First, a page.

That Had to Be Awkward…

Brent Rasmussen walked into a convenience store yesterday. When he was paying for his stuff, he noticed something odd about the clerk…

“Hey,” I gestured with a friendly smile, “you have a little smudge there on your forehead.” I snagged a Kleenex from the box thoughtfully provided for customers between the registers and handed it to him.

It was Ash Wednesday.

Somehow, Brent managed to play this off like it was no big deal.

Friendly? Maybe not.

Funny? Hell yes.

(via Cognitive Dissident)


[tags]atheist, atheism, Catholic[/tags]

  • http://www.evolvedrational.com Evolved

    It sounds like something I would do – on purpose.

  • Maria

    heh heh.

  • http://emergingpensees.com MikeClawson

    LOL

    Actually, I didn’t grow up in a very Catholic area and had never heard of Ash Wednesday until I got to college. I remember the first time I even became aware of it was when I was waiting tables and noticed that a lot of my customers were coming in with smudges on their foreheads. It took me a while to figure out why.

  • Mriana

    Mike, Episcopalians and Lutherans celebrate Ash Wed. too. Not just Catholics.

    Incidently, they get the ashes, or at least the ones I know of, from the trees they burn after Epiphany. They keep the tree up from Advent to sometime during or after Epiphany, then burn it and save the ashes for Ash Wed. So they are wearing dead burnt trees. I’ve always wondered how that affected one’s complexion. Haven’t heard of it causing zits, but all that carbon and alike has to be hard on it. :lol:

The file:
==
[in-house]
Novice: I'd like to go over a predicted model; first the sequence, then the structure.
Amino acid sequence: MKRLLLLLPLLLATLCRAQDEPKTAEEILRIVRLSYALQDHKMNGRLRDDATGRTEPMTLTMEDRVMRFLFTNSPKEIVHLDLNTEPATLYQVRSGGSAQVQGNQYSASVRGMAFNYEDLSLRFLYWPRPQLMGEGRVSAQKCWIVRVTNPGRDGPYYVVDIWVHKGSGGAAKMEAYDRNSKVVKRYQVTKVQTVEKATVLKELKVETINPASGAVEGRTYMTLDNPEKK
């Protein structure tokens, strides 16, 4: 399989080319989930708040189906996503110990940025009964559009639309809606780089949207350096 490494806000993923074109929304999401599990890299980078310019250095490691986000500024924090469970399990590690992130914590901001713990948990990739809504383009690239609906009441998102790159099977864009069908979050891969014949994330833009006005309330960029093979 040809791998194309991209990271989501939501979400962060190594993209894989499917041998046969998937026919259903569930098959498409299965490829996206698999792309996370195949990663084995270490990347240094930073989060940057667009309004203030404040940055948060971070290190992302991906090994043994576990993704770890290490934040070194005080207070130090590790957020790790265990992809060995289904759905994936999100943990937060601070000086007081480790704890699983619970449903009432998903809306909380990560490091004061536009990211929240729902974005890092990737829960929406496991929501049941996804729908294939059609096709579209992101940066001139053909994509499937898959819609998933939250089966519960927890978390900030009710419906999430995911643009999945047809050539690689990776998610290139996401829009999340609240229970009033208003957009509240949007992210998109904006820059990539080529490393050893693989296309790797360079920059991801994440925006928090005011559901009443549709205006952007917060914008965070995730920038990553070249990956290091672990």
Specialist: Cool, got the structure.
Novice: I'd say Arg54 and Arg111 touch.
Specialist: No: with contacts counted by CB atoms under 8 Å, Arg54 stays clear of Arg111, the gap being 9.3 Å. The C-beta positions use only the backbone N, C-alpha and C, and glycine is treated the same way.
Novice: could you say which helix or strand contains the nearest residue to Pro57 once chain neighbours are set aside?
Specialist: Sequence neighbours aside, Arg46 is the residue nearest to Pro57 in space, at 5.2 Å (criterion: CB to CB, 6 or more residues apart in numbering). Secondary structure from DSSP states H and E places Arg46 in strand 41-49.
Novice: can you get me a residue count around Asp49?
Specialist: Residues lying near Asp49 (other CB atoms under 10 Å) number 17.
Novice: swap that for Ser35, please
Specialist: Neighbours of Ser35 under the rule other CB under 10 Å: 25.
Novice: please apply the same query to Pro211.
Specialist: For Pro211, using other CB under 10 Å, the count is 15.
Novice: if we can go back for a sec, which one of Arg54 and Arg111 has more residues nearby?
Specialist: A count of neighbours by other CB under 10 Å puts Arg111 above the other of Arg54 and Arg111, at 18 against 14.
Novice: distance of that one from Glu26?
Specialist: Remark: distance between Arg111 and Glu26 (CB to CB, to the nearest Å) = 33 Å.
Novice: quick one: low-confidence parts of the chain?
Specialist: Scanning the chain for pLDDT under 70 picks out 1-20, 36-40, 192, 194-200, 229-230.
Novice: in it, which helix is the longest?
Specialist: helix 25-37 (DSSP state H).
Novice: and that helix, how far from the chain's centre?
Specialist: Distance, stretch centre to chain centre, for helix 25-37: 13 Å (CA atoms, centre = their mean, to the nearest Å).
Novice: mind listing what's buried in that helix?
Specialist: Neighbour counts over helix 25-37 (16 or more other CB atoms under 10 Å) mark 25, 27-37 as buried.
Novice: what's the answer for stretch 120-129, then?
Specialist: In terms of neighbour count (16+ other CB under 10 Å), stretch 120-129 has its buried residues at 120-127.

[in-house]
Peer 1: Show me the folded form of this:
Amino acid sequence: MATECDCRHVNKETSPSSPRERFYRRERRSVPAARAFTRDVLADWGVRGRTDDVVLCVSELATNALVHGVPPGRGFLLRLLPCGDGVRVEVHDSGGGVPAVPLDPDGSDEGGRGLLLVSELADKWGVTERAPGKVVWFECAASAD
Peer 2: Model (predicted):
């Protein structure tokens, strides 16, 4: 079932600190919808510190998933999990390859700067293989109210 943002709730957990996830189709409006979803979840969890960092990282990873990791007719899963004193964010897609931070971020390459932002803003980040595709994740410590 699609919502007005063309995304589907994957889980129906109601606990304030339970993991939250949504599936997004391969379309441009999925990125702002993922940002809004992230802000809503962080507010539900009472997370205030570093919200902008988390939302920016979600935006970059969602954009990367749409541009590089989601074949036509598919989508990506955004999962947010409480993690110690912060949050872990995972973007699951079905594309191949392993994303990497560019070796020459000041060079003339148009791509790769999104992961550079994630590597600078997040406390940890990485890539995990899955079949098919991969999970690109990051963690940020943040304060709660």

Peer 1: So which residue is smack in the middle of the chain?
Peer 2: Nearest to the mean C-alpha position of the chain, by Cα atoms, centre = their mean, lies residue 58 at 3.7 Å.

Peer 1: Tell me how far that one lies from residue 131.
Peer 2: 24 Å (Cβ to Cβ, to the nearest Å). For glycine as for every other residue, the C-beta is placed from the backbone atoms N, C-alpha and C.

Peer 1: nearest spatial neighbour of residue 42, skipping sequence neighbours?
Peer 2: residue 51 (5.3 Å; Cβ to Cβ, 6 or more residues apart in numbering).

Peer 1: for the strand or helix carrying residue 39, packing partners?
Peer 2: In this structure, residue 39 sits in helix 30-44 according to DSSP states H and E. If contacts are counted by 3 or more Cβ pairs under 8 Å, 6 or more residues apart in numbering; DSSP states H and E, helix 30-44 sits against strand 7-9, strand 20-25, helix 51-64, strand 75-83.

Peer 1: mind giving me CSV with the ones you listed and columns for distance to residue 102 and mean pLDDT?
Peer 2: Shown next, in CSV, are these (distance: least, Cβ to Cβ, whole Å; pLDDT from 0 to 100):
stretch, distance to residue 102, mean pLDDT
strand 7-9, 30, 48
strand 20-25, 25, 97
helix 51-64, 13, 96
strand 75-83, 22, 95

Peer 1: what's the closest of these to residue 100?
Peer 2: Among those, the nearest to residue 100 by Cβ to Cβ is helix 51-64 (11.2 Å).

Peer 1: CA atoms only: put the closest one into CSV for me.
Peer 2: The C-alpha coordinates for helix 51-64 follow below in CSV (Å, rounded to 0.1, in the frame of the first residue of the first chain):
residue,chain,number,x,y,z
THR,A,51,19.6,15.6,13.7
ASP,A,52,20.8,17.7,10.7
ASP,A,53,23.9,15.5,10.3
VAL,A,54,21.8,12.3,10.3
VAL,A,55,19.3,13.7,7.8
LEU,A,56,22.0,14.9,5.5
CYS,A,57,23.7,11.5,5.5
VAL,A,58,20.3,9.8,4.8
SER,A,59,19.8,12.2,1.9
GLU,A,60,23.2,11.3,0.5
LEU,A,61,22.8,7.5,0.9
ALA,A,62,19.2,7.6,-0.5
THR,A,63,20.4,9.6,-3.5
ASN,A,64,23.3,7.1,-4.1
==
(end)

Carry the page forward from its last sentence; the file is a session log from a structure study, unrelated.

Although, if you want to wear a big sign on your forehead that says, “I’m a Christian” that would do it. :lol:

    Of course, it’s a great reminder too of what happens to you after you die: Remember you are dust and dust you shall return. I’m sure the plants love you. :lol:

    Oh sorry. I just could not resist. I tried to hold back, but I thought of those BEFORE I became a non-theist and thought they were funny then. Yeah, guess I made a horrible Episcopalian. The priests loved my of handed remarks though. :D Tells you something about the priest. Of course there was one time, the priest (a woman) was looking for her “penquin”. I said, “Mother Kathy, did you lose your penquin?” And coming down the stairs, as I said it, was the nun! She heard me! :oops: I was embarrassed, but we all three ended up laughing. :lol: It was all good. No, no Hail Marys or Our Fathers, just a wonderful laugh. :D